One good thing about electronic medical records (and there aren't a lot of good things yet) is that I get to spend a little less time on hold to medical organizations (labs, pharmacies, hospitals, nursing homes, radiology clinics) and listening to their music, ads, etc. Salem Hospital is currently the worst. Yesterday I was victimized by a sad, dreamy, slowed-down piano version of, yeah, this is weird, "The Candy Man". To judge from their hold music, SH wants to be your hospital if you are into Lawrence Welk reruns and '50's movie theme music. Oregon Health and Science University favors Top 40 classical, absolutely nothing you can't hum along to even if you own fewer than 5 classical albums. Walgreen's at least has decent pop sometimes--I've occasionally been disappointed to be interrupted in my sing-along by the actual pharmacist answering the phone. Nursing homes/retirement centers are the other worst: They seem to assume that almost everyone who calls is actually looking for a nursing home so that the innocent nurse practitioner answering an urgent call from a nurse is assaulted with ads telling her what a great place this would be for her or her loved one to live. With some spritely music to punctuate. These are the times when electronic access to records and order forms can't come fast enough!
Things I will miss when we, Lord willing, in a month or two, move to Portland:
- My clothesline (new place has no place private to put one and I don't like to hang even my clean laundry in public).
- The Santa Rosa plum tree. Grabbing a plum off it and eating it bent over to let the juice hit the grass instead of my clothes.
- The wood stove, as even the smallest would probably blast us out of the new place, which is, well, little.
- The Evilberries, as my daughter named the unreproducible thorny blackberryboysenberryloganberrywhoknowswhatotherberry hybrids that were an attempt to keep the neighbor kids from coming through the fence (ineffective) but make the best jams and cobblers we'll never see again.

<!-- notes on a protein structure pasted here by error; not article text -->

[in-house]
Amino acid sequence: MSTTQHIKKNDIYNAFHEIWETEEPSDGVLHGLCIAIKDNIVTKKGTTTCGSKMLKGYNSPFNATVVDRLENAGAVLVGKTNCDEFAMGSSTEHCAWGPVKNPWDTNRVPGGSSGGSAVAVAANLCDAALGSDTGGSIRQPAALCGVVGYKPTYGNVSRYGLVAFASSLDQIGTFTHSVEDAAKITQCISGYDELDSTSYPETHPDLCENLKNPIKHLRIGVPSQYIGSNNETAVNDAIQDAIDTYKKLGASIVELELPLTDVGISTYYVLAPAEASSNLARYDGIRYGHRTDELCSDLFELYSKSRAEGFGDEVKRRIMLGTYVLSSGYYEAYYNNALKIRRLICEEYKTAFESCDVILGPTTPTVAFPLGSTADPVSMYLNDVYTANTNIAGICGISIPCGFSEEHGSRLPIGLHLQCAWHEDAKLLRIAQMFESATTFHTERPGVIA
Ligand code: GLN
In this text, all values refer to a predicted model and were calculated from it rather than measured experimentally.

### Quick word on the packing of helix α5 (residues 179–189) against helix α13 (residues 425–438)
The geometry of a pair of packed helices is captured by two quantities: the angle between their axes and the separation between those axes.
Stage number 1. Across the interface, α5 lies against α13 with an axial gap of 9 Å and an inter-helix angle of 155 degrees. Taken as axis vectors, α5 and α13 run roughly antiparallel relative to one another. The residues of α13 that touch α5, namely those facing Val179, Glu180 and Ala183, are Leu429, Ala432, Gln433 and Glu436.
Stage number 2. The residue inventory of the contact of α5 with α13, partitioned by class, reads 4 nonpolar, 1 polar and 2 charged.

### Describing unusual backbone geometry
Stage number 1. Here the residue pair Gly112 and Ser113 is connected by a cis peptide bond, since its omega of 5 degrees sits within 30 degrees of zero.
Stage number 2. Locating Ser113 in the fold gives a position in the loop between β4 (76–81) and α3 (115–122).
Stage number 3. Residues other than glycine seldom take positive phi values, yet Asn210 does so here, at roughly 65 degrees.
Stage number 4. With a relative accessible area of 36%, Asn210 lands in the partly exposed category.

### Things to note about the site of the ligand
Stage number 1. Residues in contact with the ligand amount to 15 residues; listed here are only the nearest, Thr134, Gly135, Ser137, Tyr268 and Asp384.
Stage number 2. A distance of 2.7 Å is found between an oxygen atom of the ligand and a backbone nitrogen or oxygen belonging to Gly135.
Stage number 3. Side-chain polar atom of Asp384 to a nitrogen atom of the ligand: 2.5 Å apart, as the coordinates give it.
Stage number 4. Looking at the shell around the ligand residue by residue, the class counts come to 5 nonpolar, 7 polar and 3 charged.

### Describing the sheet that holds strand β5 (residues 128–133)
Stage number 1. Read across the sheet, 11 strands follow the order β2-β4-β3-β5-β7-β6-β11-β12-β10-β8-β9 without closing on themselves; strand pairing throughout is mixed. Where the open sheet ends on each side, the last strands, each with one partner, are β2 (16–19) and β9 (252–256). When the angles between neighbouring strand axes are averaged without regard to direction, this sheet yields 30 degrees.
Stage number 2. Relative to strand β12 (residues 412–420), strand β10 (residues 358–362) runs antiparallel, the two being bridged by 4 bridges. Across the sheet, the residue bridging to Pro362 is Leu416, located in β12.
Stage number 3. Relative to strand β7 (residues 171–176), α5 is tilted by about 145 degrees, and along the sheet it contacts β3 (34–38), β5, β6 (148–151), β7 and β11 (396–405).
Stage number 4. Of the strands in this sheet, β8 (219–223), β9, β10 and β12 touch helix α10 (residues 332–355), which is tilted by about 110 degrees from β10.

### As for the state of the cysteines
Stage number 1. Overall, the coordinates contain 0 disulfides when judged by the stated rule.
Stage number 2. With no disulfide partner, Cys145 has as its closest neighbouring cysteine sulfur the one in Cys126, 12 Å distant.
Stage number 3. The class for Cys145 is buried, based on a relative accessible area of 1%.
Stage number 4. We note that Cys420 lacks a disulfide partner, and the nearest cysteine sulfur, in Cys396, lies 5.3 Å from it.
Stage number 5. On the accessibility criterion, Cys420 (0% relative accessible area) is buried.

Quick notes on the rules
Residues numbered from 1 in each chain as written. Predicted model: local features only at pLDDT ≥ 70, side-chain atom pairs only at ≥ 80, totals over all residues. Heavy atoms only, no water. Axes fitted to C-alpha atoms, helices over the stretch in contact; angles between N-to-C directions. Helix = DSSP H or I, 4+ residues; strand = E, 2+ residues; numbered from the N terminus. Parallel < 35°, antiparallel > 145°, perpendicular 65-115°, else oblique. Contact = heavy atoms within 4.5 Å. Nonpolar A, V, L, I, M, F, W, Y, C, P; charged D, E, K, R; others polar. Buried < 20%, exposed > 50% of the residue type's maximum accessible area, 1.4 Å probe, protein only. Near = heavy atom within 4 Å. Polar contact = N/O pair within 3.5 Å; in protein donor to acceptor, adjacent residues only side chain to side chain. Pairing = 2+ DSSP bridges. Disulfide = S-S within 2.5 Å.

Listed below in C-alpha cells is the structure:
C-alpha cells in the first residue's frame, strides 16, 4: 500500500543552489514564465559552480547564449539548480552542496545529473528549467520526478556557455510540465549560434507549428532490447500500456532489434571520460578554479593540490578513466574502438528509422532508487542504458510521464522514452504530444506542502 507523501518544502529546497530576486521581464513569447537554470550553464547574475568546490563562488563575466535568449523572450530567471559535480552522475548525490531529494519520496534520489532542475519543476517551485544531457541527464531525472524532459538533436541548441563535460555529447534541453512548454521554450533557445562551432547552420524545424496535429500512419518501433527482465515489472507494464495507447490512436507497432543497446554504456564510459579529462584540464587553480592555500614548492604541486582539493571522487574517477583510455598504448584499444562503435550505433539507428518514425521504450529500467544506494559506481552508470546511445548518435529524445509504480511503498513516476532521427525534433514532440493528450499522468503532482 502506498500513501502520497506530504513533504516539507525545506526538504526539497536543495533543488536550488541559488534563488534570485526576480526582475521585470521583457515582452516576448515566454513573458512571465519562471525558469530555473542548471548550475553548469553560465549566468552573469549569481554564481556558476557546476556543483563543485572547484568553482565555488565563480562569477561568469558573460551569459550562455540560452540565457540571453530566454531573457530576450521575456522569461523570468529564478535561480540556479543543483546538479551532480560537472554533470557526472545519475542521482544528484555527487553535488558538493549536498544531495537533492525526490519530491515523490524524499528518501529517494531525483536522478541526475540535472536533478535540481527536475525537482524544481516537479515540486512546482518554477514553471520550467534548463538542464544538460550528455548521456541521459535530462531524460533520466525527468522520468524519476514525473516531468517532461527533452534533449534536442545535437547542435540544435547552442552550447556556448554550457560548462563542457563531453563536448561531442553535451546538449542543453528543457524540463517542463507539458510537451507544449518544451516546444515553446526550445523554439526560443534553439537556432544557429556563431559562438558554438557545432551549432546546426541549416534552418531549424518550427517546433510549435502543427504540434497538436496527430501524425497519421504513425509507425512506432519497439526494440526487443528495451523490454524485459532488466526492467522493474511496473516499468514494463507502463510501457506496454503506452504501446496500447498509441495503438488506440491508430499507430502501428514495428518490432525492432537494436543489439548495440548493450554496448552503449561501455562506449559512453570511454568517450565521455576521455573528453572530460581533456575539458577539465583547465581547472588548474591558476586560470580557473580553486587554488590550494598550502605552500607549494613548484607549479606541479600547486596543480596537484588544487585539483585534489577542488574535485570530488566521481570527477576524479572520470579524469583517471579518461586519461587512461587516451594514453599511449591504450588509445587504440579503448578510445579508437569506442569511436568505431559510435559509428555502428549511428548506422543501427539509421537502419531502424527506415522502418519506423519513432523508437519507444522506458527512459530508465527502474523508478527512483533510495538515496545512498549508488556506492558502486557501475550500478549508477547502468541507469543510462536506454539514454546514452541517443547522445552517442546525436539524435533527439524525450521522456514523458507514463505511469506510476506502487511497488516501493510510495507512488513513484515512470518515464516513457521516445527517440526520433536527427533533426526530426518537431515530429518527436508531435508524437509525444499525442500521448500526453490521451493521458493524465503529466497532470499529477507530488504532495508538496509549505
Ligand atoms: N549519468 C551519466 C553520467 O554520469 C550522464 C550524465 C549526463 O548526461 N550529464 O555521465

- Having the kids spend the night and eat several meals in a row with us. But we should see them more often, if for less time at a pop.
- Sunday walks with Susan. I'll always talk to Susan, thank God for the technology that makes that easy, but we won't get to walk as often. Maybe I'll have to get a dog, name it Lucy, and be Susan to someone else on Sundays.
Speaking of whom, this is the poem which really kicked off my poem-writing jag of the 20-oughts:
Poem for Susan, Epiphany 2007
Sitting on the sofa at ten.
The phone still warm from my ear.
Pondering why I am glad I didn’t accidentally say
before hanging up
“Love you” (as I say to my family) instead of
“Take care” (as I say to my friends).
Wondering why that would have embarrassed both of us
because we really are good enough friends that it is certainly true,
and we certainly both know it.
But still glad I didn’t accidentally say it.
And because of our conversation
About the common disaster that has overtaken our family,
the sudden decline of a loved old one
and the hardship that creates for us all,
I am happy to sit,
hearing in the near silence
the hum and blow of the furnace,
feeling in my motionlessness
the pulse of my blood,
noticing in the not-noticing
the absence any real pain in my body.
This won’t last.
I’m not entitled for it to.
But I’m grateful
for hearing, pulse, and painlessness.
And, of course, for you.